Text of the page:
PAJ: A Journal of Performance and Art 24.3 (2002) 18-34
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Art as Spiritual Practice
Panel discussion with Alison Knowles, Eleanor Heartney, Meredith Monk, Linda Montano, and Erik Ehn; moderated by Bonnie Marranca
This panel discussion was part of a series of public talks on the contemporary arts, entitled "Performance Ideas," which Meredith Monk and I curated in Fall/Spring 2001-2002. It was held on November 5, 2001, at the SoHo gallery, media, and performance space, Location One. Members of the panel included the performer, composer, and filmmaker Monk; visual artist and founding Fluxus member, Alison Knowles; performance artist Linda Montano; Eleanor Heartney, art critic and contributing editor of Art in America; Erik Ehn, playwright and director. The discussion, which I moderated, was co-produced by Meredith Monk/The House Foundation for the Arts and Location One and can be viewed online at www.location1.org.
As it turned out, there was considerable interest in our subject—close to three hundred people attended the event—so soon after September 11, when the mood in New York City was still somber, especially downtown, and people were anxious to come together and talk. Many had heard or seen the screaming jets fly over the rooftops of SoHo. For this audience there was already an awareness of the cultural controversies in recent decades over religious imagery in visual arts, theatre, and film and the ongoing conflict between liberal values and religious conservatism in American culture. Notwithstanding, repeated conversations with artists and exposure to new work have increasingly made apparent to me the significant role of the spiritual in their private experience and artistic process and in the imagery and forms of the works themselves. Art history has had a much more sustained, rich discourse around these issues than the field of performance, so it seems worthwhile to consider the spiritual question in a larger frame across media rather than in isolated events.
A cursory overview of avant-garde and modernist movements, beginning in the late-nineteenth century, reveals the extent to which much of the most advanced performing, literary, and visual arts drew on religious iconography, biblical themes, lives of saints, the occult, and deep spiritual feelings, joining Western, Asian, and Middle Eastern religious traditions. Alongside the impact, in the last half-century, of Buddhism and Judaism, and, more recently, Catholicism on American performance and visual arts there has been growing attention to the spiritual styles of artworks. Still, it is an often neglected, or tentative, field of contemporary criticism even as art, science, and politics have encouraged a more complex inquiry into the role of religion in current thought. New Age [End Page 18] felicities that congregate around spirituality have led many serious-minded people to distance themselves from any public declarations. Likewise, the subject of religion, with its connotations of organized institutions, dogma, and conservative politics, is enough to unsettle believers themselves, without the added trauma of the politics surrounding the World Trade Center attack.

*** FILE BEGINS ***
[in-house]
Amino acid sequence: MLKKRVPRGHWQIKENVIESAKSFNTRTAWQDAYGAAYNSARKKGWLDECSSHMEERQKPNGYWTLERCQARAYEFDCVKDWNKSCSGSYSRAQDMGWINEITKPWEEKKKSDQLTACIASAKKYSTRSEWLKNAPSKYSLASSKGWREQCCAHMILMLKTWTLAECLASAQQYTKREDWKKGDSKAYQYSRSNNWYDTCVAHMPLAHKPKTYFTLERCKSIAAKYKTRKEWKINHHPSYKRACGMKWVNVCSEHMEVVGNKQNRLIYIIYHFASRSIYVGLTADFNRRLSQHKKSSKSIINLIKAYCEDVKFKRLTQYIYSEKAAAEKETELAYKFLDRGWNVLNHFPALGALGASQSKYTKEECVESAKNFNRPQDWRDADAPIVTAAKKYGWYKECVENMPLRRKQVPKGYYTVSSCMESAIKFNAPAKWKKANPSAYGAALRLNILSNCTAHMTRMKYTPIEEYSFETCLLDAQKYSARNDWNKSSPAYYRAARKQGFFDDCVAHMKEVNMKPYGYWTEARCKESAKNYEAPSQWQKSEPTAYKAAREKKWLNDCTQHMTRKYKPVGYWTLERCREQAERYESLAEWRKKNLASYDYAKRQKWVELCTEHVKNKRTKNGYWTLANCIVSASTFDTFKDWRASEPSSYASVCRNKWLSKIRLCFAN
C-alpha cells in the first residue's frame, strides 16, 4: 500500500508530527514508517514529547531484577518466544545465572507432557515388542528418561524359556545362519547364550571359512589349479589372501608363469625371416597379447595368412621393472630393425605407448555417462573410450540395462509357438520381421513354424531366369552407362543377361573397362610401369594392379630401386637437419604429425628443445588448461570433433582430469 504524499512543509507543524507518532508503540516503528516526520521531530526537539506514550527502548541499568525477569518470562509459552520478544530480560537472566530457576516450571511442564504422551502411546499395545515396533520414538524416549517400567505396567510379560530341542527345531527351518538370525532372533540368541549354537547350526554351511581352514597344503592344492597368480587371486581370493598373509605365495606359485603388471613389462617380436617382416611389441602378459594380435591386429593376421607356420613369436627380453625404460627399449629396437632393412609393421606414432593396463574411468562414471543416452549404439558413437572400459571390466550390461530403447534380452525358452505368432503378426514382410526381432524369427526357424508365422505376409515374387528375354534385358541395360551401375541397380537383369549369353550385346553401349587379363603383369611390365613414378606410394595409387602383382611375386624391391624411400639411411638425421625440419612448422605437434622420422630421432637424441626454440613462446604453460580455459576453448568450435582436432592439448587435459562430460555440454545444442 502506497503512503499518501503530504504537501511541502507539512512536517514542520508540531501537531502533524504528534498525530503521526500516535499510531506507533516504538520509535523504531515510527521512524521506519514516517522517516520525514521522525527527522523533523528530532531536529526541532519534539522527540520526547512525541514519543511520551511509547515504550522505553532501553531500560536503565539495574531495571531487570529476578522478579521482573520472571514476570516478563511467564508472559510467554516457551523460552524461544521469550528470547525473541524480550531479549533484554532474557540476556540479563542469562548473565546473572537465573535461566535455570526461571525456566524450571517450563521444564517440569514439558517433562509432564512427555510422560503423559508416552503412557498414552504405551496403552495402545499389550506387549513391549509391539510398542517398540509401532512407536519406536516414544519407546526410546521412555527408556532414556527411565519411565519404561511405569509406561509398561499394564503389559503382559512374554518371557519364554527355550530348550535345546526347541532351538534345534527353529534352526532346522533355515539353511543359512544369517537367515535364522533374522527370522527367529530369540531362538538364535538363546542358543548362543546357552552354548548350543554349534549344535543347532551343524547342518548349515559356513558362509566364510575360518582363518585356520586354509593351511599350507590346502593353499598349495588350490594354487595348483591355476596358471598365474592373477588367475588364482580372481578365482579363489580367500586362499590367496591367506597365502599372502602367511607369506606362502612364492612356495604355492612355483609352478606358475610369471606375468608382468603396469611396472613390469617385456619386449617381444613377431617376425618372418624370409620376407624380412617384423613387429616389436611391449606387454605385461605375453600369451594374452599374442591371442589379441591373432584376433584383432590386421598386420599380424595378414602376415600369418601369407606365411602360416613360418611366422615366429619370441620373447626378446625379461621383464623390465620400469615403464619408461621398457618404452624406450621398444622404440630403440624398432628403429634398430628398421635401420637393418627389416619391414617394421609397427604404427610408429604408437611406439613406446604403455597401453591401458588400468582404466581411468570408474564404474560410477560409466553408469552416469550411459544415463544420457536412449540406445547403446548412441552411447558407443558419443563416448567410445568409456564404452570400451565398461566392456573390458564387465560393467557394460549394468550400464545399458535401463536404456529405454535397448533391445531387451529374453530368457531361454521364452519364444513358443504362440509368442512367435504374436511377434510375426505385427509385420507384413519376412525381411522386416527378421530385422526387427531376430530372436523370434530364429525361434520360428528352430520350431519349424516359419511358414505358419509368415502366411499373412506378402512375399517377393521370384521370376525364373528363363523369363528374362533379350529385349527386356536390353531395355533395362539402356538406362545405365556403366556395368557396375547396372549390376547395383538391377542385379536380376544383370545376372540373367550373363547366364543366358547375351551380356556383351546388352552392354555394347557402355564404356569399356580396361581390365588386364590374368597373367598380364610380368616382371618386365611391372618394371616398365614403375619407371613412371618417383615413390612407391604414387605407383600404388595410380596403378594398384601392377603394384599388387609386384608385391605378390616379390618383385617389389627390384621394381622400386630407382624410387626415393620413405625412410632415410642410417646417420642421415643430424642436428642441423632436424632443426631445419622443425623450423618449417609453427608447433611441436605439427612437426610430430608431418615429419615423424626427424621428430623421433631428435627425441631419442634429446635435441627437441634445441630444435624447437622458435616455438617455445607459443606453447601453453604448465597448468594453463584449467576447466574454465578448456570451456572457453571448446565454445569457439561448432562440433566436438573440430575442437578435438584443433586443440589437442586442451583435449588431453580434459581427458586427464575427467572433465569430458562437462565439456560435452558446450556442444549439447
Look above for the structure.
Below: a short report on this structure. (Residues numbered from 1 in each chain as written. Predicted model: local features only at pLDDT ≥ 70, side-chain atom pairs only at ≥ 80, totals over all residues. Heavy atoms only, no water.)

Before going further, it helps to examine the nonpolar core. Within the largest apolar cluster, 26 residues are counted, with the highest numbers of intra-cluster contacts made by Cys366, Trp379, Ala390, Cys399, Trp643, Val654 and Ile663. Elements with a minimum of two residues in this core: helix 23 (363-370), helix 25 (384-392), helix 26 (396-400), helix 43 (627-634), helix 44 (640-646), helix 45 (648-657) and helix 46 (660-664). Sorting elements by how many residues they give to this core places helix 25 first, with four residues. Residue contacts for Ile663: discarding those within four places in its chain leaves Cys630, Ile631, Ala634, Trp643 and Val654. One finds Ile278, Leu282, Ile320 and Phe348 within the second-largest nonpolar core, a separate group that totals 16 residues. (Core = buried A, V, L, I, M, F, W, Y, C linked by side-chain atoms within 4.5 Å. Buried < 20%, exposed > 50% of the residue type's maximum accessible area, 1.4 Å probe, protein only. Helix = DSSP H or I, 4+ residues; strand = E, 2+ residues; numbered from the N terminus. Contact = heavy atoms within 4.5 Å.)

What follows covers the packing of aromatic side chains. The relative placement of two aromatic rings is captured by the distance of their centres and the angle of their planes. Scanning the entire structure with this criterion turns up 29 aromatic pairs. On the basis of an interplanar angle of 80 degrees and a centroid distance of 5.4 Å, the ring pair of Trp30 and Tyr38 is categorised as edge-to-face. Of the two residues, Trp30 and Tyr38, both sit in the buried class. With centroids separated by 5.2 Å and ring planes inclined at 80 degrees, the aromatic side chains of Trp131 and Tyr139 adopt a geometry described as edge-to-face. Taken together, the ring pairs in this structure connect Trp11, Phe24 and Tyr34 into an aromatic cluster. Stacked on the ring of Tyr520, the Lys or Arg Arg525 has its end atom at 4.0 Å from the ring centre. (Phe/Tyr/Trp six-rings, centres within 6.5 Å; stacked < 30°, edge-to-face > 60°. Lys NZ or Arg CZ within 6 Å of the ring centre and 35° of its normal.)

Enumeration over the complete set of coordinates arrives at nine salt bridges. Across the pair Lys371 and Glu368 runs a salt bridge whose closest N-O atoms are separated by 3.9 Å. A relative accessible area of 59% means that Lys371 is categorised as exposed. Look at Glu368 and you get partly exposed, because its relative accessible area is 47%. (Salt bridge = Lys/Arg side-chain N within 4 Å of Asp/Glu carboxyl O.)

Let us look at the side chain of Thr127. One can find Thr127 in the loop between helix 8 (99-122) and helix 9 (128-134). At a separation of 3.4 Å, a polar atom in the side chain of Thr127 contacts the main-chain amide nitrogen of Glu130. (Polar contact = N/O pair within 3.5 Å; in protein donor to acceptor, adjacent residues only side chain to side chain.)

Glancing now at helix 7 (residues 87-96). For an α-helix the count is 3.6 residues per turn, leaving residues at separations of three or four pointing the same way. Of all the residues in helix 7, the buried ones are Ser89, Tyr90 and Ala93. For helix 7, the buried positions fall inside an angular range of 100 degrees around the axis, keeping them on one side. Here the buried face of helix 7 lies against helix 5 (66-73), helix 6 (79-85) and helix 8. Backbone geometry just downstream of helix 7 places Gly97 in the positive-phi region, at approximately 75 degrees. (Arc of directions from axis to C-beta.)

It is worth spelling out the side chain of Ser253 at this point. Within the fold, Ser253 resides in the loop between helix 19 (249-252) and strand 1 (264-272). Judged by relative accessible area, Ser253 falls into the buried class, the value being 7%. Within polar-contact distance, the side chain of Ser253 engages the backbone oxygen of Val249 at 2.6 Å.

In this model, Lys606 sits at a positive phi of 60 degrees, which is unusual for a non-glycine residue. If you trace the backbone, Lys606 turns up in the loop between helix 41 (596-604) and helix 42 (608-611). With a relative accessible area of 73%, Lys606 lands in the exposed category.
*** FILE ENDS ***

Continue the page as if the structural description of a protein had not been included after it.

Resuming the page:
But if religion is viewed only in those terms, then we lose access to artistic traditions that open themselves up to the sacred and profane and complex forms of philosophical knowledge in the accumulated wisdom of civilizations. Hopefully, new critical dialogues can evolve from the manifestations of religious symbols and literary references and artists' own reflections on their spiritual lives that now cut across several art forms, religious persuasions, and generations. In future issues of PAJ we plan to feature a series of essays, dialogues, and texts, on the subject of art, spirituality, and religion, in which artists and critics can explore spiritual themes and artworks shaped by religious imagery, liturgical forms, and theological concepts. "Art as Spiritual Practice" is the first installment in the series.
MARRANCA: The notion of the spiritual, of religion, of spiritual discipline or practice is very difficult to grapple with. One of the things we might consider is, what do we mean by the spiritual? How do we recognize it? What kinds of things do we consider...